Hyundai Veloster (2011) review

Published:01 April 2011

Hyundai Veloster (2011) review
  • At a glance
  • 4 out of 5
  • 3 out of 5
  • 4 out of 5
  • 3 out of 5
  • 3 out of 5

By Ben Barry

Contributing editor, sideways merchant, tyre disintegrator

By Ben Barry

Contributing editor, sideways merchant, tyre disintegrator

Hyundai’s new Veloster is essentially the replacement for Hyundai’s front-wheel drive Coupe, but the concept is all new: gone are the two-door coupe lines, replaced by an asymmetric hatchback/coupe crossover. There are traces of Citroen DS3 at the front, of the Renaultsport Megane in the rear three-quarter, a dash of Honda CR-Z here, a sprinkle of Mini there, but the key talking point is that asymmetric door design: there are two doors on the passenger side, yet only one on the driver’s side. Read on for CAR's review of the new Hyundai Veloster.

So the new Hyundai Veloster is a bit like a Mini Clubman, then?

Kind of, but Hyundai has engineered out the Clubman’s Achilles heel: that single rear door depositing passengers onto the road and not the pavement when it comes to right-hand drive markets. So, when the steering wheel switches to the right for right-hand drive markets, the rear door will swap sides too – it’s a big, costly undertaking for Hyundai as the B-pillar is different on both sides of the car, but it’s a welcome touch.

What’s it like inside?

It looks cool. The dash is angular and distinctive, and there’s a lovely honeycomb texture on the upper dash plastics that reminds of the technical fabrics Ferrari uses in the Scuderia and 599 GTO. The centre console is cleanly laid out, and the flashes of piano black trim and matt silver ‘floating’ grab handles lend extra visual interest. The downsides are some cheaper lower plastics, and a dated instrument binnacle.

There’s also precious little headroom and anyone over 6'2” will be buffing their scalp on the headlining. Still, I’m 6’1” and I soon forgot about the limited clearance. The single rear door opens conventionally – i.e. if you opened it on the go, the wind would push it shut, not sweep it open, inviting you to jump to your doom – allowing easy access to the back seat, but that sweeping roofline makes headroom even tighter. Yet I could sit behind myself – slightly hunched, knees splayed either side of the front seatback – for short journeys while grumbling only lightly.

How does it drive?

There are a few caveats here: we’re driving a Korean-spec car with an auto, not Hyundai’s own dual-clutch semi-auto that will be optional in the UK or the default manual six-speeder that’s common to all markets. The suspension and steering will also be retuned for Europe.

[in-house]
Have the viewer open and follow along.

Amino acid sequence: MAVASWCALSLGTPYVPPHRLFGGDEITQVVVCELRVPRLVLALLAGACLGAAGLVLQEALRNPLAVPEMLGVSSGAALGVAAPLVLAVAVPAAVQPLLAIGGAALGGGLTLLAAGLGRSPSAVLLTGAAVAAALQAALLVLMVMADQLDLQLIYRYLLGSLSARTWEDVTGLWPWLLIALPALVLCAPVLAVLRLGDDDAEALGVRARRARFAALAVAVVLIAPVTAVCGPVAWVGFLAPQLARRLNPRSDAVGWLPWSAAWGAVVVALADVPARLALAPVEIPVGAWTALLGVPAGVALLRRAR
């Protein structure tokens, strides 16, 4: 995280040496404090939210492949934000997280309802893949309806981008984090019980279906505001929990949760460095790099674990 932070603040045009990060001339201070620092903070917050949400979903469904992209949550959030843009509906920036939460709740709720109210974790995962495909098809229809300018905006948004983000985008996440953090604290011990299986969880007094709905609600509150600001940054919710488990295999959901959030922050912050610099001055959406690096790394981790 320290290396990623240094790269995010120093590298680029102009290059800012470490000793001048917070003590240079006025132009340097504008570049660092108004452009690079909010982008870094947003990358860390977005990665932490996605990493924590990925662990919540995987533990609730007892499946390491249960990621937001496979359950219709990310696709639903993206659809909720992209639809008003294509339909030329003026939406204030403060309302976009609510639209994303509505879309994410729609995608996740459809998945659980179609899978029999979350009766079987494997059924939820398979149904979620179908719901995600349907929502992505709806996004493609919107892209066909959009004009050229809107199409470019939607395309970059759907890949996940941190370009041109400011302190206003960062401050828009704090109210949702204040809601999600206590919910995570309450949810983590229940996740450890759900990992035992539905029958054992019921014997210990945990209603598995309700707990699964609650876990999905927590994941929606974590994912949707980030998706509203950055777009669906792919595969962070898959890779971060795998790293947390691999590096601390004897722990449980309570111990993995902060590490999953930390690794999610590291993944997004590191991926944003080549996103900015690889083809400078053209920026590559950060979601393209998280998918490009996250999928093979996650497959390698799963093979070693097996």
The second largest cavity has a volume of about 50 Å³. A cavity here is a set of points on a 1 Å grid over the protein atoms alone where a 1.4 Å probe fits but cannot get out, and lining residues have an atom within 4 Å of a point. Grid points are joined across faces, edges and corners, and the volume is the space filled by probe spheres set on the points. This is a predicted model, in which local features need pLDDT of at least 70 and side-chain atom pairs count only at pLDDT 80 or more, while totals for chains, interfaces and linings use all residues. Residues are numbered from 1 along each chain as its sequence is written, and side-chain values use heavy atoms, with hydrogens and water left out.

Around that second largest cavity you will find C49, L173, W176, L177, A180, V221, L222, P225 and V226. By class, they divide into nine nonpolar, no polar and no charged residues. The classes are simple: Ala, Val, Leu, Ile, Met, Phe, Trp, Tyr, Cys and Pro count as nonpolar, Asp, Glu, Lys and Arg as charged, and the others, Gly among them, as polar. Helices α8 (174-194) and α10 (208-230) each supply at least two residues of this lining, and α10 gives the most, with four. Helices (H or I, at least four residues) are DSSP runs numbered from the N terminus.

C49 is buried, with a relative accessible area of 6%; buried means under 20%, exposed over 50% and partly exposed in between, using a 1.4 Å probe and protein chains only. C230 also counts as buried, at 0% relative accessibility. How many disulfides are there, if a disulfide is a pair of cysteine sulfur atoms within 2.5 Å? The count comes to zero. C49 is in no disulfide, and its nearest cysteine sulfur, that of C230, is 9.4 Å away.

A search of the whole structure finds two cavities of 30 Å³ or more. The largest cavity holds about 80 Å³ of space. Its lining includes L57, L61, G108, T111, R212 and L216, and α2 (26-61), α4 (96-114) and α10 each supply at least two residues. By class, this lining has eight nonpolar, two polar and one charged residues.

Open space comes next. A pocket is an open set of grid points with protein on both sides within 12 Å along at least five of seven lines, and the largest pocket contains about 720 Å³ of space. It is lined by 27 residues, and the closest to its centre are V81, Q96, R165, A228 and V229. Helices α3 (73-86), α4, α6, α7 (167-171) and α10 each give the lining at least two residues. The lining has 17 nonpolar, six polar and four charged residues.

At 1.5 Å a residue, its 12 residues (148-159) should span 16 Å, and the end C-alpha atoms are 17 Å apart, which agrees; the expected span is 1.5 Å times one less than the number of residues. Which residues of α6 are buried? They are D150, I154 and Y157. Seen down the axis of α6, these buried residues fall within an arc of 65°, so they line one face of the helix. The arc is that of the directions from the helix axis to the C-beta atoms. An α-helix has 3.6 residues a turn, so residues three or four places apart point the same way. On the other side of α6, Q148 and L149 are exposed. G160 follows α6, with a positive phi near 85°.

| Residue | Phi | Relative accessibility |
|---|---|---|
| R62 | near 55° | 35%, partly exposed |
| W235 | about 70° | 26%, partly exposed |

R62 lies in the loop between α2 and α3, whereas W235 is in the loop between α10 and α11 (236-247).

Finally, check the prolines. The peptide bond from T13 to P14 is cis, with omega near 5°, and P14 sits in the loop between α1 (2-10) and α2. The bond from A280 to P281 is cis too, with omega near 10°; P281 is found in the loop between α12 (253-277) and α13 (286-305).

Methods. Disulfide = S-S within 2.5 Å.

A more powerful engine will follow, but at the moment buyers are restricted to the 1.6-litre, naturally aspirated, direct injection petrol that musters 138bhp. There’s nothing fundamentally wrong with the engine, but it is quite workmanlike: you need to work it hard, the throttle response is soggy for a naturally aspirated unit and there’s no fizz in its upper echelons. This is compounded in our car by the dreadful gearbox.

The Veloster is very nose-led in its handling, but it’s still composed and a lot of fun when you throw it down a twisty road, and the steering lends some meaty weight to work against. The Veloster is still clearly shaded by the more expensive Scirocco and Megane RS, but it’s not at all bad.

The suspension deals with the overall flow of the road well, but the secondary ride – the way it reacts to road surface imperfections – is poor and lumpy. Let’s hope that’s dialled out for Europe.

Verdict

The Veloster has striking looks, a distinctively attractive cabin, and it’s good to drive too, but we wonder if the extra rear door is a mistake – it looks far better when viewed from its single-door side and, even though the extra door is useful for grabbing belongings from the back or loading kids, we suspect the majority of buyers will be younger, won’t regularly need the rear seats and would be happier having a car that looks great on both sides.

Still, the extra door does have novelty appeal, the Veloster is a very likeable car and Hyundai’s traditional strong value combined with the low-power engine means you can get something as distinctive as a Scirocco or Megane RS for less cash and lower running costs.

As it stands this is a solid three-star car, but with more power, smoother suspension and a better gearbox, there’s no reason why it can’t be buffed into a low four.

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Specs

Price when new: £17,500
On sale in the UK: Autumn 2011
Engine: 16-valve 4-cylinder, 138bhp @ 6300rpm, 123lb ft @ 4850rpm
Transmission: Six-speed automatic, front-wheel drive
Performance: 9.8sec 0-62mph, 125mph, 45.6mpg, 142g/km (figures for six-speed manual gearbox)
Weight / material: 4220/1790/1399
Dimensions (length/width/height in mm): 1255kg/steel

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  • Hyundai Veloster (2011) review
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  • Hyundai Veloster (2011) review
  • Hyundai Veloster (2011) review
  • Hyundai Veloster (2011) review
  • Hyundai Veloster (2011) review
  • Hyundai Veloster (2011) review
  • Hyundai Veloster (2011) review

By Ben Barry

Contributing editor, sideways merchant, tyre disintegrator

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